> >> > > document.write()-safe points are, the better.
> >> >
> >> > I don't understand what you mean by "safe point". If you call 
> >> > document.write() from <svg>, then you'll blow away the document, 
> >> > since the insertion point won't have been defined.
> >>
> >> Note that this is not how things work in current browsers. Calling 
> >> document.write from events etc will append to the current document as 
> >> long as we're not past the point of having parsed the whole network 
> >> stream.
> >
> > I've changed this now, as part of the integration of SVG with 
> > text/html.
> 
> Actually, I really liked how the spec did it before. Someone doing 
> document.write from outside a <script> while the page is loading is 
> basically a guaranteed race condition. For example using document.write 
> from an XHR onreadystatechange handler, or a timer, is going to race 
> against the network stream loading the main page.

There are no race conditions with document.write() the way the spec is 
written today.


> >> A much safer strategy would be to make document.writes that happen 
> >> before we've reached the end of the network stream, but without there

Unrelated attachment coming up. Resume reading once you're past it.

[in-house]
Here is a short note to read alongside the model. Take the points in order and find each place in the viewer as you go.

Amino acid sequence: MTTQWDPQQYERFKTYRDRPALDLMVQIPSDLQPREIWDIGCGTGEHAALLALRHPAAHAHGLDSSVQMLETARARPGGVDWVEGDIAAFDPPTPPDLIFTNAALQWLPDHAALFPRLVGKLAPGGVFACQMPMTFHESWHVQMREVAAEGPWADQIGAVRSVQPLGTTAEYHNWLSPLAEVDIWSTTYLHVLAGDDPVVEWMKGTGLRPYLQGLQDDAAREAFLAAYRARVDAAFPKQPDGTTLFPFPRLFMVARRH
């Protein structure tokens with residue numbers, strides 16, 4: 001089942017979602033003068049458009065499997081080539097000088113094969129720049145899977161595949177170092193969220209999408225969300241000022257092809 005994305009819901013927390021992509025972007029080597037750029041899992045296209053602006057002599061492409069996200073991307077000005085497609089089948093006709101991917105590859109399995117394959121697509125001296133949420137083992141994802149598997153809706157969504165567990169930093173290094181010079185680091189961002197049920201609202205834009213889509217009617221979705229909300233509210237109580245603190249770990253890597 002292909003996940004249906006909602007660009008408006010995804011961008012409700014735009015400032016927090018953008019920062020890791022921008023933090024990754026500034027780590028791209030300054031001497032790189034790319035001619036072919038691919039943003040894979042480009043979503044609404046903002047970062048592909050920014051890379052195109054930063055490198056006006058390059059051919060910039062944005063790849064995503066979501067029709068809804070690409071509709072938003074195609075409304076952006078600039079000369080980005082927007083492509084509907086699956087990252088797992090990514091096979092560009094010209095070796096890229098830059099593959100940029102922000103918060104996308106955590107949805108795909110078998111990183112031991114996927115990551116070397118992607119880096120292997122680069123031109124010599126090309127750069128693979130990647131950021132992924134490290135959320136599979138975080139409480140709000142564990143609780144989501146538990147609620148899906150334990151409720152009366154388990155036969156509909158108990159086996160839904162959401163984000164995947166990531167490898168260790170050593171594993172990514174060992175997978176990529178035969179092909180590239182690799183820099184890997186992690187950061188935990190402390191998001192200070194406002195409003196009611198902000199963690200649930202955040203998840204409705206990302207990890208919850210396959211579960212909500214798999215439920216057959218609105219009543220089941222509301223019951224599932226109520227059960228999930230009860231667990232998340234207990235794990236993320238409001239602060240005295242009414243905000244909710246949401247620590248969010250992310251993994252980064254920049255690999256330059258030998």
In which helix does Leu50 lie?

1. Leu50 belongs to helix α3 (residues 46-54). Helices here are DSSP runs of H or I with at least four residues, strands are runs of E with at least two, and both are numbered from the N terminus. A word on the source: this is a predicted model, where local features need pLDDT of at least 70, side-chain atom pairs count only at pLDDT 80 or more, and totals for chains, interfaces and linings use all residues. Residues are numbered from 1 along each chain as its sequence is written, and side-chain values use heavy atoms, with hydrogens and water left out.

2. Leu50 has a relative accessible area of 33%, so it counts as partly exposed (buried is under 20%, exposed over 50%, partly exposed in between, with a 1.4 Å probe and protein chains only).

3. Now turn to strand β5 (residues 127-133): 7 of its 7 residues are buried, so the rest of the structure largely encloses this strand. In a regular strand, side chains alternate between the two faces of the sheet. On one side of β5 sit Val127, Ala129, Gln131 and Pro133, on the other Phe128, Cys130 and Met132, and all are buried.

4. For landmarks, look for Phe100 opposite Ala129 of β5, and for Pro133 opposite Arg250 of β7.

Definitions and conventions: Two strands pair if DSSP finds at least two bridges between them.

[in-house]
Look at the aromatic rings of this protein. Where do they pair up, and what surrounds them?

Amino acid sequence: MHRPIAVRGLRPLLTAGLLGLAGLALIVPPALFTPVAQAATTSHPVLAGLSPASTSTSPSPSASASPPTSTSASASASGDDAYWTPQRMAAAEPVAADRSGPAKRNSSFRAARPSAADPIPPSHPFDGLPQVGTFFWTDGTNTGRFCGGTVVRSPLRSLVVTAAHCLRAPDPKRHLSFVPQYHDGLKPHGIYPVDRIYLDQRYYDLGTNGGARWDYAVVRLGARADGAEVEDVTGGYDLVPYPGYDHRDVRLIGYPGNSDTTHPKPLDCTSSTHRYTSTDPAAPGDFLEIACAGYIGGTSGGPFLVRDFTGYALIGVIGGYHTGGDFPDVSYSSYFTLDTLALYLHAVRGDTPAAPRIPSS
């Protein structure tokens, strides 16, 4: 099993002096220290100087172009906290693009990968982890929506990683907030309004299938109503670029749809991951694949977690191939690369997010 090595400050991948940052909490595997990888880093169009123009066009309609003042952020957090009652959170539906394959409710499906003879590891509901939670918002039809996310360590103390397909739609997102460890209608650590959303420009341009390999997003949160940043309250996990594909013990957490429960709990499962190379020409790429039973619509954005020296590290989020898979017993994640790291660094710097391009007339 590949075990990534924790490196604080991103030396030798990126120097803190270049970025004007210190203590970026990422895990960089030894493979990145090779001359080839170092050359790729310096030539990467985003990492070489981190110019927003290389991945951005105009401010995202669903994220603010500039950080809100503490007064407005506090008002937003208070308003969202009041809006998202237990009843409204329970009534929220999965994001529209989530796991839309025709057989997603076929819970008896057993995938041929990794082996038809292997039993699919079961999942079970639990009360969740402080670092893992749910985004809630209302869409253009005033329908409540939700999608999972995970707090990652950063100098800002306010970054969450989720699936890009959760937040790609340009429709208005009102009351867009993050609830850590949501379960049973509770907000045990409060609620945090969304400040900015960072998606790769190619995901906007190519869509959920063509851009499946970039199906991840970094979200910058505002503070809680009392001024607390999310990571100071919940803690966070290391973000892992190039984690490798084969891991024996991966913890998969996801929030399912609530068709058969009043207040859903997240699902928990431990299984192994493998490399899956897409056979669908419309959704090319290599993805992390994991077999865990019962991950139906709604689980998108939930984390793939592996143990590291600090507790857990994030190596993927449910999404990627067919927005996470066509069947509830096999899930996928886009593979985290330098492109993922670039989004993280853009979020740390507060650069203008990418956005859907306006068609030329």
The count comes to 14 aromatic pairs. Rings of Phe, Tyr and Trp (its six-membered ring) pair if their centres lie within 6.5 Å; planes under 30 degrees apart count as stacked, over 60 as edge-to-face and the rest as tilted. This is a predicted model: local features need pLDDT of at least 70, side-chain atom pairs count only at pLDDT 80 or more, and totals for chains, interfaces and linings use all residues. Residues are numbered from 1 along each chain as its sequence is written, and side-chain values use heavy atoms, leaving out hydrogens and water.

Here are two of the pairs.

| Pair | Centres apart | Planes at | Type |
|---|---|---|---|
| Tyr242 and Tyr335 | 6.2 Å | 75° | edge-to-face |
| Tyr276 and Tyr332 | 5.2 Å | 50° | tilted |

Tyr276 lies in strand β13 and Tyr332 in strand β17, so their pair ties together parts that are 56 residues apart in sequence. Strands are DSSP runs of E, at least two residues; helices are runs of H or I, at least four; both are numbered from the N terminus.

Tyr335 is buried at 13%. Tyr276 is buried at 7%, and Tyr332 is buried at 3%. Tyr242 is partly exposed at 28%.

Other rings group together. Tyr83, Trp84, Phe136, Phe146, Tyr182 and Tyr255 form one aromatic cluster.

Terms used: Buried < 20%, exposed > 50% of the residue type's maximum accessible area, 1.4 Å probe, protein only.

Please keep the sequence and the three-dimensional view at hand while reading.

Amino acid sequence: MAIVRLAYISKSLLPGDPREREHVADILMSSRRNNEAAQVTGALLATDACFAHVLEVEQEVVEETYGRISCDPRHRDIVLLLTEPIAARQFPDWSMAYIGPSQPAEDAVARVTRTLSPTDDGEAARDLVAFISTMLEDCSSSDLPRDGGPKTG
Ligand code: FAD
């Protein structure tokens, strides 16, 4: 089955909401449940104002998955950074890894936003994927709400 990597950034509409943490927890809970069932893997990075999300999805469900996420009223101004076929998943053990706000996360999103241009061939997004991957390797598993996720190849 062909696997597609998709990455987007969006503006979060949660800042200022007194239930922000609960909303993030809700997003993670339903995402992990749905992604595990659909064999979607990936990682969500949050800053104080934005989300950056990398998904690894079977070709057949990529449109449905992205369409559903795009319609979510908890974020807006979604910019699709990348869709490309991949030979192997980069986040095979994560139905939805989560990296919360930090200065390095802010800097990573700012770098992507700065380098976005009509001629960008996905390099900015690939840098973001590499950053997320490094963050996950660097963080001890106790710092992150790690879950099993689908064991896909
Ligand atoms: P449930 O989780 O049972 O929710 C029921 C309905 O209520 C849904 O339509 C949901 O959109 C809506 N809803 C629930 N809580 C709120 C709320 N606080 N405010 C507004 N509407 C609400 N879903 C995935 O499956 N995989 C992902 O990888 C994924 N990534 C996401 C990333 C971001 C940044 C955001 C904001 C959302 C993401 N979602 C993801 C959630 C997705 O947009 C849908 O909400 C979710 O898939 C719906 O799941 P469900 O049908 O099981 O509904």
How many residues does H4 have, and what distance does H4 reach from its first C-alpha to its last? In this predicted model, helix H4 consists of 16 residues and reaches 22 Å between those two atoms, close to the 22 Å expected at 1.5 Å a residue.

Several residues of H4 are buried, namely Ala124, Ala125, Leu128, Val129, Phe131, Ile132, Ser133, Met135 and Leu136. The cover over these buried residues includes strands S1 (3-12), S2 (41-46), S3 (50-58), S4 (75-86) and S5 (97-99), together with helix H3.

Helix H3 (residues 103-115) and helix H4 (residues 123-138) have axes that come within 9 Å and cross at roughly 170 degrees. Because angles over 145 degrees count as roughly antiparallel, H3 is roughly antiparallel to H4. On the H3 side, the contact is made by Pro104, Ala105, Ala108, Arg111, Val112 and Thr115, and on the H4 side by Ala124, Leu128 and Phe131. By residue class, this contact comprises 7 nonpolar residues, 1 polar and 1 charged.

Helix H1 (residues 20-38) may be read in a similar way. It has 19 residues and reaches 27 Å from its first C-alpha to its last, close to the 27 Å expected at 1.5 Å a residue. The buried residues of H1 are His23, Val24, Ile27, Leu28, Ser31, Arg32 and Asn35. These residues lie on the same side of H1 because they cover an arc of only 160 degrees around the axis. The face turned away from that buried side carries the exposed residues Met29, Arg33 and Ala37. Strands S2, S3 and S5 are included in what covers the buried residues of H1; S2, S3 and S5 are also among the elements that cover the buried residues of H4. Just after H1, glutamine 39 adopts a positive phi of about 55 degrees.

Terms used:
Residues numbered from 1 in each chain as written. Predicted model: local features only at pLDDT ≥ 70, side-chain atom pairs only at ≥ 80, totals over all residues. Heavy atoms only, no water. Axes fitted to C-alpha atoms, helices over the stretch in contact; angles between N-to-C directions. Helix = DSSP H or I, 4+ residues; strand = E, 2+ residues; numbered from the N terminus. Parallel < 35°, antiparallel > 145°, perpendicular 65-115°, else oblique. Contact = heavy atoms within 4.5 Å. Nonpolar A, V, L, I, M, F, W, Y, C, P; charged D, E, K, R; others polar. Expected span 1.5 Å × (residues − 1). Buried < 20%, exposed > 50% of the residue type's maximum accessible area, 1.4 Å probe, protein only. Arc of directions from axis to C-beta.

> >> being an explicit insertion point, be a no-op.
> >
> > That's not compatible with legacy UAs, insofar as I can tell.
> 
> I think making document.write outside of <script> while the page is 
> loading be a no-op would be very unlikely to break any pages. As 
> described above, any such writes are virtually guaranteed to be a race 
> condition and would make such content appear on random places in the 
> page.

No, it always causes document.open() to be called and thus blows away the 
page altogether.


> Thus it seems very unlikely that pages would be doing that and so it 
> seems safe to change.
> 
> As an implementer I would definitely be willing to try to make such a 
> change if it simplifies the implementation, which I think would be the 
> case.

The current spec seems relatively simple to implement, no?

-- 
Ian Hickson               U+1047E                )\._.,--....,'``.    fL
http://ln.hixie.ch/       U+263A                /,   _.. \   _\  ;`._ ,.
Things that are impossible just take longer.   `._.-(,_..'--(,_..'`-.;.'
Received on Wednesday, 3 June 2009 09:54:27 UTC